What do you do if you're confronted with an unfamiliar language, and you have no translator? No language talk-box, no babel fish, whatever your device happens to be.
Well, if you're dealing with seriously different parameters, like underwater communication, or nonhuman speech sounds, you've got a tough task on your hands. Sheila Finch (author of The Guild of Xenolinguists) has argued that it would be next to impossible for us to decipher alien communication in rel life - and I'm inclined to agree on a general level. But let's say we've accepted the science fictional conceit that communication can take place, and should - in that case I think it might be useful to think about what the process of language learning would be like.
There's always the solution of the orphaned alien who speaks his own language yet grows up with humans and learns theirs. That kind of solution is simple, and conveniently hides the yucky details in a place we trust at the same time we don't understand it: the language-learning "black box" of the human (or alien) brain.
But if you've got first exposure, the process is different - and full of opportunities for writers.
Generally a person learning an unknown language will start by trying to associate strings of sounds with their appropriate contexts. The classic example used in a lot of science fictional settings is the one where people point to objects and utter names for them.
Some of you may have seen that Star Trek scene with Counselor Troi where she's talking about the difficulty of determining what an alien says while pointing to a cup of coffee (or something that looks like it). The rough idea, since I don't have the scene itself at my fingertips, is that the word uttered may not be "coffee" or "cup." It might instead be "brown," or "hot," or "enjoy." Or possibly (my ideas) it could be "mine," or "gift for a visitor."
A word, phrase or other utterance comes with a social context, and can never be entirely free of social significance. It can be fun to brainstorm the different kinds of meanings an object might have, since for every possible meaning there's another possibility for misunderstanding. Other posts of mine that relate to this are But what does it mean?(point of view) and Considering the Culture in Objects.
A linguist attempting to parse a new language using technological tools - but not a translator - might begin by making recordings in as many sensory modalities as possible. This would allow them to take time not available to a person who is simply listening. The recordings would allow the linguist to consider observable aspects of the physical situation, and possibly some elements of the social as well (depending on the number of individuals speaking, their dress and behavior, etc.) Breaking speech into words is essentially a process of looking for repeated patterns of sounds and trying to find commonalities across the contexts in which they are used. This goes also for smaller elements of meaning (morphemes).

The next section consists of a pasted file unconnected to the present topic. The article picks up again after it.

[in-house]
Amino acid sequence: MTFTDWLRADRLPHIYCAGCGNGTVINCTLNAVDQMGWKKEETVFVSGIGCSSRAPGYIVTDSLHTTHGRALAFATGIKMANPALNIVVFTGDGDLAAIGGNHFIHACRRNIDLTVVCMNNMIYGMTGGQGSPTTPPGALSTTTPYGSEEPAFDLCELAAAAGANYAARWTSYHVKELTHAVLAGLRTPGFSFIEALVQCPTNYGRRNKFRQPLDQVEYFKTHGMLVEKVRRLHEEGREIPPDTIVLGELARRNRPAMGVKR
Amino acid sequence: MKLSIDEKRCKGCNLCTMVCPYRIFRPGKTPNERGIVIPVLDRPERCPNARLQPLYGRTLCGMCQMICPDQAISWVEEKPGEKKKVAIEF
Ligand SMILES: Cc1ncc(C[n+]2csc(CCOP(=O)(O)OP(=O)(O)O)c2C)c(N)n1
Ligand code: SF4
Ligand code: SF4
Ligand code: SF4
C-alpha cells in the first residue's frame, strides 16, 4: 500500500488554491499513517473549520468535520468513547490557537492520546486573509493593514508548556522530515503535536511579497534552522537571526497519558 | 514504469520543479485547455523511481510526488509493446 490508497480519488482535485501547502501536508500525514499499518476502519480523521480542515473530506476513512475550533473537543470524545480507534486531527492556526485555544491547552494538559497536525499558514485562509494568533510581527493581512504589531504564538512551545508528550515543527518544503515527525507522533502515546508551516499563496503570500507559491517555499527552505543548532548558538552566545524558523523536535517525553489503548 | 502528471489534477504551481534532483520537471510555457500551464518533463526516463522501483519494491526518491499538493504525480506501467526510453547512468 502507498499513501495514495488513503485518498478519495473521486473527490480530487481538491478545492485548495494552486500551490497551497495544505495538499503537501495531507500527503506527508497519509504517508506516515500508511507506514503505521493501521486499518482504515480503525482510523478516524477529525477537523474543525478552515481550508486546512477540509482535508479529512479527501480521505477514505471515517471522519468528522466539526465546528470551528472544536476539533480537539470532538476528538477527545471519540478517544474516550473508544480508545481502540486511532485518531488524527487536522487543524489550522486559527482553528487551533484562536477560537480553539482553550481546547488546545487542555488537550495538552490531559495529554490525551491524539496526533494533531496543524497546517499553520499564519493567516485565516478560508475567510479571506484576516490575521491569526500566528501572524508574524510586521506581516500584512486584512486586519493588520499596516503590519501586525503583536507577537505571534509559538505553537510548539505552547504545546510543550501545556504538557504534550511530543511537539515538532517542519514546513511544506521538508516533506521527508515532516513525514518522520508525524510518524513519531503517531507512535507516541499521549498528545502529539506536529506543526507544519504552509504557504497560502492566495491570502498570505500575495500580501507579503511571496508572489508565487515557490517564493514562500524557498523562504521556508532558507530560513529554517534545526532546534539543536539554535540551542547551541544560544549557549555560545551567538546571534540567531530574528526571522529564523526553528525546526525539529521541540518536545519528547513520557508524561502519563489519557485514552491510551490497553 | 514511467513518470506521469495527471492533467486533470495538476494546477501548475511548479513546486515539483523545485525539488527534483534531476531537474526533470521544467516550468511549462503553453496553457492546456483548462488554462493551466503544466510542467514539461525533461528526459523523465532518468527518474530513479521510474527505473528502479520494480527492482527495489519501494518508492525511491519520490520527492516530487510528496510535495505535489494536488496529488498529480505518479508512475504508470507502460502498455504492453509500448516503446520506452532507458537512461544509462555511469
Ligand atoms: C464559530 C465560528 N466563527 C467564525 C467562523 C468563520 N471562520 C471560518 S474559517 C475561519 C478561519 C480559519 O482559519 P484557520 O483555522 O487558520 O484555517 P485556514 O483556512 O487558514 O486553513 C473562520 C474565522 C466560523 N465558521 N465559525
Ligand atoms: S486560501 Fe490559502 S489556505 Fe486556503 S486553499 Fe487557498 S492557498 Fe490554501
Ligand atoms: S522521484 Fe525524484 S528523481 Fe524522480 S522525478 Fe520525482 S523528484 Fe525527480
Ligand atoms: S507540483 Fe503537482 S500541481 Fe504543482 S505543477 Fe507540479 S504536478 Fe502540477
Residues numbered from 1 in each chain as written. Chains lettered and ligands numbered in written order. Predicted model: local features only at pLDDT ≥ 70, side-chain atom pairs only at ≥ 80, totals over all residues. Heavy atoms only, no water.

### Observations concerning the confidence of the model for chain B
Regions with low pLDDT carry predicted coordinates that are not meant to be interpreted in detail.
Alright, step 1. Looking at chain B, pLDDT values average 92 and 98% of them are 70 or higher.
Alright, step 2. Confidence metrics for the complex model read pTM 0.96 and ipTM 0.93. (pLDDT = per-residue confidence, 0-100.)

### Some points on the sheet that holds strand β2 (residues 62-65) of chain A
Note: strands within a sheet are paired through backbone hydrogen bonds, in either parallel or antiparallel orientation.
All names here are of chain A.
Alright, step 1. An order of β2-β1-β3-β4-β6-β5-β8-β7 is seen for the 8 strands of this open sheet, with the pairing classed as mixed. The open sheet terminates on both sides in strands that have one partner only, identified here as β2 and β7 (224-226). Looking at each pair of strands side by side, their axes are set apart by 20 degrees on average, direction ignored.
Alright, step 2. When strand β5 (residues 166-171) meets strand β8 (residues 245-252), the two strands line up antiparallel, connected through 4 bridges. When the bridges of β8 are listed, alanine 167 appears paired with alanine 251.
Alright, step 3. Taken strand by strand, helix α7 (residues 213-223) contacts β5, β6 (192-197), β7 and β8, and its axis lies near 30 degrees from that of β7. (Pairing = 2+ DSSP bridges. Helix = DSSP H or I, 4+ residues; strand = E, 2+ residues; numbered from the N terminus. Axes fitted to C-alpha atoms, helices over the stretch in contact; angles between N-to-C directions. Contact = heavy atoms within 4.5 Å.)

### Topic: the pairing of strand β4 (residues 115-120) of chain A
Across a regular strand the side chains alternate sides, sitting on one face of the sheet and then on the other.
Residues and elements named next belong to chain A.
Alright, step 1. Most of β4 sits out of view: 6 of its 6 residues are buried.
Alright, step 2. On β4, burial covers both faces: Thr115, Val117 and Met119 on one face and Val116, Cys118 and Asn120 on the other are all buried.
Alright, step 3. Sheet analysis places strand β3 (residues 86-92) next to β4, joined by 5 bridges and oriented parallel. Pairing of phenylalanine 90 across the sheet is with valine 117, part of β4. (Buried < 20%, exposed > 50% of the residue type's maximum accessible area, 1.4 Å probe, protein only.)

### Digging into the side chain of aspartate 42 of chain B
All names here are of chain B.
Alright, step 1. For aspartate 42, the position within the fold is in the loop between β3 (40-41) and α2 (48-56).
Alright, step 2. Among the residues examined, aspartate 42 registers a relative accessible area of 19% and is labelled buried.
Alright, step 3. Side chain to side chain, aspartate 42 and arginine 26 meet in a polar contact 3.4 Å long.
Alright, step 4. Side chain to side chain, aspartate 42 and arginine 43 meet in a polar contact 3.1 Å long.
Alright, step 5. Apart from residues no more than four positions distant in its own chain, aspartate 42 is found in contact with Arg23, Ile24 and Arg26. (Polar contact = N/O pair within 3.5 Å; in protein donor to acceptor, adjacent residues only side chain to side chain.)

I thought I'd also add a few notes on language processing.
When we listen to foreign language sounds, the ones that are easiest to capture are the ones at the beginning and end of the utterance.
There is a tendency among many human languages for the subject of the sentence to come first; this isn't always true, but English speakers and speakers of many other languages that follow this pattern will tend to make guesses based on this assumption.
Also, though we don't do it consciously, our brains have an excellent ability to track the frequency of different language items - that is, to say which sounds or words are more common than others.
This barely scratches the surface in terms of the challenges of learning languages the hard way, and the tools people use to deal with them - but I hope you may at least find some interesting ideas here.